NC Democrats Urge Feds To Reject Medicaid Overhaul
North Carolina's Democratic representatives in Congress are urging federal officials to reject the state's Medicaid overhaul. The state's Republican governor and lawmakers have championed it, and leaders submitted the plan to the federal government in June.
After several years of legislative wrangling over Medicaid cost overruns, Republicans settled on an overhaul last year. It would put hospital systems and insurance companies in charge of managing care and on the hook if they go over budget.
Congressman David Price, a Democrat from the Triangle, calls the changes ill-advised.
"We already have an award-winning Medicaid program in North Carolina, which has been nationally noted," he says. "It's called Community Care of North Carolina and it involves the providers. It's nonprofit."
Basically, Community Care is a network of doctors, nurses and pharmacists who coordinate care for roughly 80 percent of Medicaid patients. Audits have shown it saves the state money and improves patient outcomes.
As insurers and hospital systems take over the coordinating, Community Care leaders say they'll look to partner with them and maintain a significant role.
"I hope they're right," Price says. "But I just don't understand why you would put it in jeopardy and layer this very complicated set of private companies onto a system that's working well."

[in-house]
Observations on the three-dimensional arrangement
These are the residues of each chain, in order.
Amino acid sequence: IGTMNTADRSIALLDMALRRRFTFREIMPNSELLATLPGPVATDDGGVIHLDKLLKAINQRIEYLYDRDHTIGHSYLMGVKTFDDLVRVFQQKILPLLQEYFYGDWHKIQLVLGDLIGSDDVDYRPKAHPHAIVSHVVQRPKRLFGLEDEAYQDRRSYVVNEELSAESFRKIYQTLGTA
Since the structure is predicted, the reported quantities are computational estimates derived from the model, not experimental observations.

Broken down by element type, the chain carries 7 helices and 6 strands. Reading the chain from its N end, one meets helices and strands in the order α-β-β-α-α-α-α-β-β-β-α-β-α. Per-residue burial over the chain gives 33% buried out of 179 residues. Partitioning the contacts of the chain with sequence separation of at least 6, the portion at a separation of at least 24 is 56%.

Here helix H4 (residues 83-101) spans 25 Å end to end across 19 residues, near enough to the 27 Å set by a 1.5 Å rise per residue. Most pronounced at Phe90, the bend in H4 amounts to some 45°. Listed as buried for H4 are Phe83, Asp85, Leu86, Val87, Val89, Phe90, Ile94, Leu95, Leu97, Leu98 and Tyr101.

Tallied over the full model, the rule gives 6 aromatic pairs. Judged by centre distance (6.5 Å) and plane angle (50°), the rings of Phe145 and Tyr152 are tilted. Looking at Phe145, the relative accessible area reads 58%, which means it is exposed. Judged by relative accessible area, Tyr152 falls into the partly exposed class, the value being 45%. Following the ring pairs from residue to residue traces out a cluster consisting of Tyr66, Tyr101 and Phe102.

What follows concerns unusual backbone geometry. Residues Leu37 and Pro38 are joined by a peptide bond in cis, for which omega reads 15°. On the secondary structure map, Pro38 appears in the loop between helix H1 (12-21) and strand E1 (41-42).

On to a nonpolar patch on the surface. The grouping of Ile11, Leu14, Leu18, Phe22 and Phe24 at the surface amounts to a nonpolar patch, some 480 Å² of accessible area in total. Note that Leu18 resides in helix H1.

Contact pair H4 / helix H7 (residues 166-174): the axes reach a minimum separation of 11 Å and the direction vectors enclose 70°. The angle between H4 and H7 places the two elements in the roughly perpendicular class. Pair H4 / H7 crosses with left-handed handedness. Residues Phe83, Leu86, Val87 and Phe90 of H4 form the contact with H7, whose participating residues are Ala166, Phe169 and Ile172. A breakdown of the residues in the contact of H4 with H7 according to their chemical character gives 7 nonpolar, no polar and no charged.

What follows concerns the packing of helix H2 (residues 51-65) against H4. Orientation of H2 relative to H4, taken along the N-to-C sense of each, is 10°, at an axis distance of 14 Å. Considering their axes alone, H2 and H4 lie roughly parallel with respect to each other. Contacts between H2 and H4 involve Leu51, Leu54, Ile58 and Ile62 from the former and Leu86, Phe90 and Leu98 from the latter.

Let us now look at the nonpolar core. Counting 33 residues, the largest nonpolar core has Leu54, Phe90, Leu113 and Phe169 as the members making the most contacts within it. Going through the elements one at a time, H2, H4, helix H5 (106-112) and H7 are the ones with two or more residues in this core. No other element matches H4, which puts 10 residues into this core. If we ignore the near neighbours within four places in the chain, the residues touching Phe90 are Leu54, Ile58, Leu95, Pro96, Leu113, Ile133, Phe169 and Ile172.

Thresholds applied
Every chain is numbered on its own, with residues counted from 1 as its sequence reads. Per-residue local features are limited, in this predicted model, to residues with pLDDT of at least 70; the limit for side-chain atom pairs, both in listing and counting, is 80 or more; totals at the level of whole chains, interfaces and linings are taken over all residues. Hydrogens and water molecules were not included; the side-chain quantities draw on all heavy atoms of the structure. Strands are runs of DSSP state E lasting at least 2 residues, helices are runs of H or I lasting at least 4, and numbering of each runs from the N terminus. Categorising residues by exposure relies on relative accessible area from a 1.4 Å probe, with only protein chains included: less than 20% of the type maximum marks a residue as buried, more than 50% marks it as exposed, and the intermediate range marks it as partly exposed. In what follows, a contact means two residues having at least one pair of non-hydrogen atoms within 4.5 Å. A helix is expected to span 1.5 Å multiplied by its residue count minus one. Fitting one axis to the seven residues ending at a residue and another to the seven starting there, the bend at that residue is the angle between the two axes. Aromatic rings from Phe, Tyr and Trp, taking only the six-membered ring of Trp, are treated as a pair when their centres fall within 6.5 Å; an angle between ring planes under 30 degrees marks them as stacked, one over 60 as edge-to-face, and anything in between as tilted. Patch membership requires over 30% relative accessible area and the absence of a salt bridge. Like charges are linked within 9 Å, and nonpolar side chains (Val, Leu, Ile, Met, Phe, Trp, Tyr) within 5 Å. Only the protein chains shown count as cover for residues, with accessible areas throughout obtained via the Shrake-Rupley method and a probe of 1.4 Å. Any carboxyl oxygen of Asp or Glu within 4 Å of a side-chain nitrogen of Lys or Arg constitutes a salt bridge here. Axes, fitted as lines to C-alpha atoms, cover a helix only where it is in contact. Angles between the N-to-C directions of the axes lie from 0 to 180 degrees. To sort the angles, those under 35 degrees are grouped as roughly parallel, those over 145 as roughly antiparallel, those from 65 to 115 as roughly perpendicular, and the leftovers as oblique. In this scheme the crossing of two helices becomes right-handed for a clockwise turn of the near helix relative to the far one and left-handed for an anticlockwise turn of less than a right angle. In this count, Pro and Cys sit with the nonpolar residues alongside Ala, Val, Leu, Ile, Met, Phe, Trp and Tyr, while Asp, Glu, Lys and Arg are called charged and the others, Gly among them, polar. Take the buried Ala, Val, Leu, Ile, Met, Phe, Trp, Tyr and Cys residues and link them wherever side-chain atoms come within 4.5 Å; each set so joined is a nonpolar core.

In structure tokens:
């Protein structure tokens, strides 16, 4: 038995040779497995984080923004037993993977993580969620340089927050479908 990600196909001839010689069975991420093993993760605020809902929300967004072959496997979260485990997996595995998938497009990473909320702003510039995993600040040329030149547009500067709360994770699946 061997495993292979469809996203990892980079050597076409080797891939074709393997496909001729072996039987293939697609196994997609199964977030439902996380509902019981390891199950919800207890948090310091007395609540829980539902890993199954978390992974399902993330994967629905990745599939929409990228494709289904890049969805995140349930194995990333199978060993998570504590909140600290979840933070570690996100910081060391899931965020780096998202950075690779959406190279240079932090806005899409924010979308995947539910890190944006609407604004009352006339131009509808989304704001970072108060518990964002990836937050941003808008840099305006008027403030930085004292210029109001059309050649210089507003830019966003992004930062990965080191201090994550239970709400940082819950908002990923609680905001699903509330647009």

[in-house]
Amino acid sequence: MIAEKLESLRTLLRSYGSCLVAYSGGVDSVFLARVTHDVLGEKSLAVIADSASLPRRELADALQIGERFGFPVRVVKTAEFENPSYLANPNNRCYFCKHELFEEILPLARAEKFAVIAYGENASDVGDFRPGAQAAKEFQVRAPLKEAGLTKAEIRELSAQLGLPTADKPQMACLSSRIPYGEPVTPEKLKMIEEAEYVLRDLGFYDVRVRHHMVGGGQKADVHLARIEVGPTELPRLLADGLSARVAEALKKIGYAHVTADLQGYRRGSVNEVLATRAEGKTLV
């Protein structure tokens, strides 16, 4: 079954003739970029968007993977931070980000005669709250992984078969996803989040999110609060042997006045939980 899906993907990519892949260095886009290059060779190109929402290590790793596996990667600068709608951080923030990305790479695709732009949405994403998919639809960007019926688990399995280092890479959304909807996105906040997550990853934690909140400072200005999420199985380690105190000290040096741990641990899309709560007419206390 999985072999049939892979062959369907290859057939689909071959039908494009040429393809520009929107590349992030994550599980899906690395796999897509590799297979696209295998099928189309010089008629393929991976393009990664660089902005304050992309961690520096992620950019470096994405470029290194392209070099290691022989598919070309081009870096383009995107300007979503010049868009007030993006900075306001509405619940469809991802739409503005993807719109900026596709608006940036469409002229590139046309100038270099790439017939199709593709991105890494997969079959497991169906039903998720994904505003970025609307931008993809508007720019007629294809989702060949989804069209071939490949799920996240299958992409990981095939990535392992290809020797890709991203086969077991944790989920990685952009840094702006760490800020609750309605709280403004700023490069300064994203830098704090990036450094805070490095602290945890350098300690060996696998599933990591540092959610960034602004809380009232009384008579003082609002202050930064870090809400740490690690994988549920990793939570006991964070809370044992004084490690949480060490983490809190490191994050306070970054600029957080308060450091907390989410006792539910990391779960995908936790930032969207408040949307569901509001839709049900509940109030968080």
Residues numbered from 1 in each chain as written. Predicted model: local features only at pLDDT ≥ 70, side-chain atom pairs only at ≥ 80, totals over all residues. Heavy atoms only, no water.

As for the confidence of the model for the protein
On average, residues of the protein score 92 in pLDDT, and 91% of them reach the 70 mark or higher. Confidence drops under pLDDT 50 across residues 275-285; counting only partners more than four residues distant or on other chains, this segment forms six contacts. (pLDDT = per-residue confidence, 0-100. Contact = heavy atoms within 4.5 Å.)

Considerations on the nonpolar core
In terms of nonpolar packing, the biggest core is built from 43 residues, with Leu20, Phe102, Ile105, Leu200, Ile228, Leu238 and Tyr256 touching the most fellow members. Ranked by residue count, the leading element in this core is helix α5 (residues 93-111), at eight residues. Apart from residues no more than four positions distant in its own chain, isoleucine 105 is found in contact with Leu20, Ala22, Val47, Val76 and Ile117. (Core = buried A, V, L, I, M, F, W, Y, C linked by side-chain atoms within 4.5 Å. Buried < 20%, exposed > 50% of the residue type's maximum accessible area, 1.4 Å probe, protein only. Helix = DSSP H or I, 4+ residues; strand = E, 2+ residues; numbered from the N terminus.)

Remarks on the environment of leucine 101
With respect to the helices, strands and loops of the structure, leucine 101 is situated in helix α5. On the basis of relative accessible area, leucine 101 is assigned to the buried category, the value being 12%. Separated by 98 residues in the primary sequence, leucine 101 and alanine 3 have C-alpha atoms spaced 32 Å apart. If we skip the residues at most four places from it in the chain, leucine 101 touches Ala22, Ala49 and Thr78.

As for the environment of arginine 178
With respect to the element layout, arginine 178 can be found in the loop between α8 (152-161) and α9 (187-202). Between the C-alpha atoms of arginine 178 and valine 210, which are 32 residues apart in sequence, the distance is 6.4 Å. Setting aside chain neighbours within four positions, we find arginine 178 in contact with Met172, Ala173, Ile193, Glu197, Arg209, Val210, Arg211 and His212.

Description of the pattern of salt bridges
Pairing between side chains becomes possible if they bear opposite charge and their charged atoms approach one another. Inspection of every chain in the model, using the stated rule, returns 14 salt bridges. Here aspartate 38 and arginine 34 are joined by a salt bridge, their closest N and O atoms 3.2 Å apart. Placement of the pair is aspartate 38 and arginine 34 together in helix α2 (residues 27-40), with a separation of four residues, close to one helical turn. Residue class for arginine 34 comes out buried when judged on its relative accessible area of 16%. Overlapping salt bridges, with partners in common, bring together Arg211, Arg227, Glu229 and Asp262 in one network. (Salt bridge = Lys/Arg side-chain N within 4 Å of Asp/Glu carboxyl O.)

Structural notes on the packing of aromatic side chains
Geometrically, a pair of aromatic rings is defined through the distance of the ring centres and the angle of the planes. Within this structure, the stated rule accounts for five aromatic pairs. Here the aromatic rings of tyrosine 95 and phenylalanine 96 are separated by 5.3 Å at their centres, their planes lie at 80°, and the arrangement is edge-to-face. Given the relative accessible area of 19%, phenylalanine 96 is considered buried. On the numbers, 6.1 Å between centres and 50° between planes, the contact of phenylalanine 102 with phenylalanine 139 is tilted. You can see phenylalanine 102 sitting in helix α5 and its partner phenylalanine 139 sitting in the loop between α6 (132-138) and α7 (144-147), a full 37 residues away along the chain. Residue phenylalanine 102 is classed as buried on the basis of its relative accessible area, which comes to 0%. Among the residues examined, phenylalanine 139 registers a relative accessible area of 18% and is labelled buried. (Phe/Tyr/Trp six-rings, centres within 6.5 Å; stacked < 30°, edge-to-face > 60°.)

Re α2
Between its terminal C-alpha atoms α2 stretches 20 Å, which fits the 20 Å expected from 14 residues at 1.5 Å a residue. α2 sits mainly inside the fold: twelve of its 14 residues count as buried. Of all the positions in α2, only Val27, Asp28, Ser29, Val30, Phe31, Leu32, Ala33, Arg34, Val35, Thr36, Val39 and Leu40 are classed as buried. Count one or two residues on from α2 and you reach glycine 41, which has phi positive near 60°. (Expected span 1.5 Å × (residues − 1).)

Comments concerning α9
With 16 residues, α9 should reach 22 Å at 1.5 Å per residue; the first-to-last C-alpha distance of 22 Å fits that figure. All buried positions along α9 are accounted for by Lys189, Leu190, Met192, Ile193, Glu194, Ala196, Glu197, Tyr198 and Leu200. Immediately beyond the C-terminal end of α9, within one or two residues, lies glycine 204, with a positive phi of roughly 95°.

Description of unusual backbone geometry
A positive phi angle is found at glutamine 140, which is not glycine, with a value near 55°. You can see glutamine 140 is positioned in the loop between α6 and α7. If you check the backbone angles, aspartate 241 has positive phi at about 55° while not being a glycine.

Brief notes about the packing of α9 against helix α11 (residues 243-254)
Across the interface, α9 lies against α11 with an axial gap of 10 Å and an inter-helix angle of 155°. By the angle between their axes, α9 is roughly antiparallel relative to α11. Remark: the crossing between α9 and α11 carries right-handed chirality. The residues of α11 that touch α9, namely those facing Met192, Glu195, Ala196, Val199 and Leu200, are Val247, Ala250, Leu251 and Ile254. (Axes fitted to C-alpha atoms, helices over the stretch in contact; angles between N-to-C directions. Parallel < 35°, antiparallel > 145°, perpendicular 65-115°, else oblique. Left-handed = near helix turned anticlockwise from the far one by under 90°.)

Cost overruns have not been a problem recently. Still, Republican lawmakers and Governor Pat McCrory say there's room for improvement.
Congresswoman Alma Adams is a Democrat who represents Charlotte.
"I just don't believe the appropriate stakeholders were at the table," she says. "They didn't get the input from the providers who certainly will be caring for our patients. They didn't get input from patients."
That's not true. Lawmakers and Governor McCrory's administration did seek input from doctors and patients. In fact, that's a big reason McCrory's original plan changed to give more responsibility to hospital systems. And state health leaders tweaked the final plan based on public hearings.
Even with that, associations representing hospitals, doctors and patients in North Carolina have concerns.
Adams and Price have an additional reason for their opposition, and it's directly related to another part of the public input. They're among the chorus of people who say North Carolina should expand Medicaid under the Affordable Care Act before making other changes.
Federal officials are expected to take about a year and a half to review the plan.